Mexico’s Retail Fuel Revolution


Did you know that Mexico is the world’s sixth largest consumer of retail fuels? With demand well in excess of the country’s domestic production capability, Mexico imports an estimated 425,000 barrels of gasoline every day. So where does the country’s fuel come from? In the near future, a significant portion will come from private companies in the United States.

Last February, Mexico’s Energy Ministry effectively ended the country’s longstanding state monopoly on retail fuels when it announced that private parties would be allowed to supply gasoline and diesel to Mexico beginning April 1, 2016. Prior to this, all refining, importing, and exporting was overseen by Pemex, Mexico’s state-operated oil company. Since then, 28 import permits have been awarded to non-Pemex suppliers, as Mexico kicks off a two-year transition to a free market system for retail fuels.

Back to our earlier question: Where does Mexico’s retail fuel come from? Currently, 48 percent of Mexico’s fuel comes from outside the country, and some analysts project that number will increase to 60 percent by 2020. Demand will continue to grow, and increasingly, petroleum-based fuels will be brought into Mexico from other countries. These fuels will be transported by ship, truck, and pipeline—and much of them will pass through the Port of Brownsville.

Brownsville is located at the southernmost tip of Texas and is connected to the Gulf of Mexico by a 17-mile ship channel. Located near the U.S.-Mexico border, the Port of Brownsville is uniquely positioned for trade between the two countries. Last year, more than 10.1 million tons of cargo came through the port, up from 8.4 million tons the previous year—and Brownsville is positioning itself for future growth, as Port officials explore a project to deepen the channel to 52 feet.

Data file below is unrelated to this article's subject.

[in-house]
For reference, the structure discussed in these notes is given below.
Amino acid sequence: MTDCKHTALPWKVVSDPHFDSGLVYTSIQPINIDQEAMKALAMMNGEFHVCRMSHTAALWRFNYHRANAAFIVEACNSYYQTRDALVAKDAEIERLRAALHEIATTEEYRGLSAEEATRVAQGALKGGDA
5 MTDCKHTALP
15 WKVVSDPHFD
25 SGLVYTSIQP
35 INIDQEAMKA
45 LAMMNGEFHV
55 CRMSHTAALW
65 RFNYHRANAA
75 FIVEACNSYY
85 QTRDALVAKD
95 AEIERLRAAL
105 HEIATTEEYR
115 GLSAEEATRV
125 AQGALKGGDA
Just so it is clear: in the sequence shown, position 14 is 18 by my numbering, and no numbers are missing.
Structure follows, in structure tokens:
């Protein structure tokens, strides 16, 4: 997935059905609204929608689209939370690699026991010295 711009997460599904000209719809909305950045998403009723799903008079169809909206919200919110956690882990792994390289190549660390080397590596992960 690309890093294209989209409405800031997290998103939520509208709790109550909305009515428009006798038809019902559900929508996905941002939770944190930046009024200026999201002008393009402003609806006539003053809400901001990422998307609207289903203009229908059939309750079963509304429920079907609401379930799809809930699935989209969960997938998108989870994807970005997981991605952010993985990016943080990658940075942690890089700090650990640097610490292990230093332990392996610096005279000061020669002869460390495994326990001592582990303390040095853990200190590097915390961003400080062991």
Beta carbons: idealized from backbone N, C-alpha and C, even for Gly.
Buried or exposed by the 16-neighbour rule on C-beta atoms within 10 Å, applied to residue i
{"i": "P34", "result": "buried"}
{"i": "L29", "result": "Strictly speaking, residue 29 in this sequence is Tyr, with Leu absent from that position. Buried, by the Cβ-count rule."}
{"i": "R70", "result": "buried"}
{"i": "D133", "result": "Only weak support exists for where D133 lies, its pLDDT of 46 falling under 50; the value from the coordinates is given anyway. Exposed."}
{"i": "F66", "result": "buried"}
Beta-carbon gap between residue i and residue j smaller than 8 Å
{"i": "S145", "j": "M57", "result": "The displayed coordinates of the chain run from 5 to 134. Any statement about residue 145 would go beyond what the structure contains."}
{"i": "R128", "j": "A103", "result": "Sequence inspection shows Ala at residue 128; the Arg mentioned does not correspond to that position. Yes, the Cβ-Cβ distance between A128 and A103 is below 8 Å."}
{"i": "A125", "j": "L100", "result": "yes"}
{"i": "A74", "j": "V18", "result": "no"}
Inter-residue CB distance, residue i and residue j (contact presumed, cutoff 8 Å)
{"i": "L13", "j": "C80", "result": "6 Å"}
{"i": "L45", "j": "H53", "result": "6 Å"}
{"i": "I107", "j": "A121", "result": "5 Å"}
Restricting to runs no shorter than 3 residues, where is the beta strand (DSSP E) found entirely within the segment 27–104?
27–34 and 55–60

One Cypress Energy currently hosts eight storage tanks at the Port of Brownsville, including six-12,500 barrel tanks with floating roofs and two larger tanks that are heated and coiled. With a total capacity of approximately 120,000 barrels of storage and room to grow, One Cypress Terminals at the Port of Brownsville is an ideal partner for firms trading in Mexico.

Although the full economic impact of deregulation remains to be seen, one thing is certain: The Mexican retail fuels revolution presents a bold opportunity to grow value in an otherwise stagnant energy landscape. Let One Cypress Terminals help you stake your claim on this untapped market.

What are your thoughts on the Mexican fuels market? Leave your comments below or click here to learn more about One Cypress Terminals.

All the Best,
Scott Phipps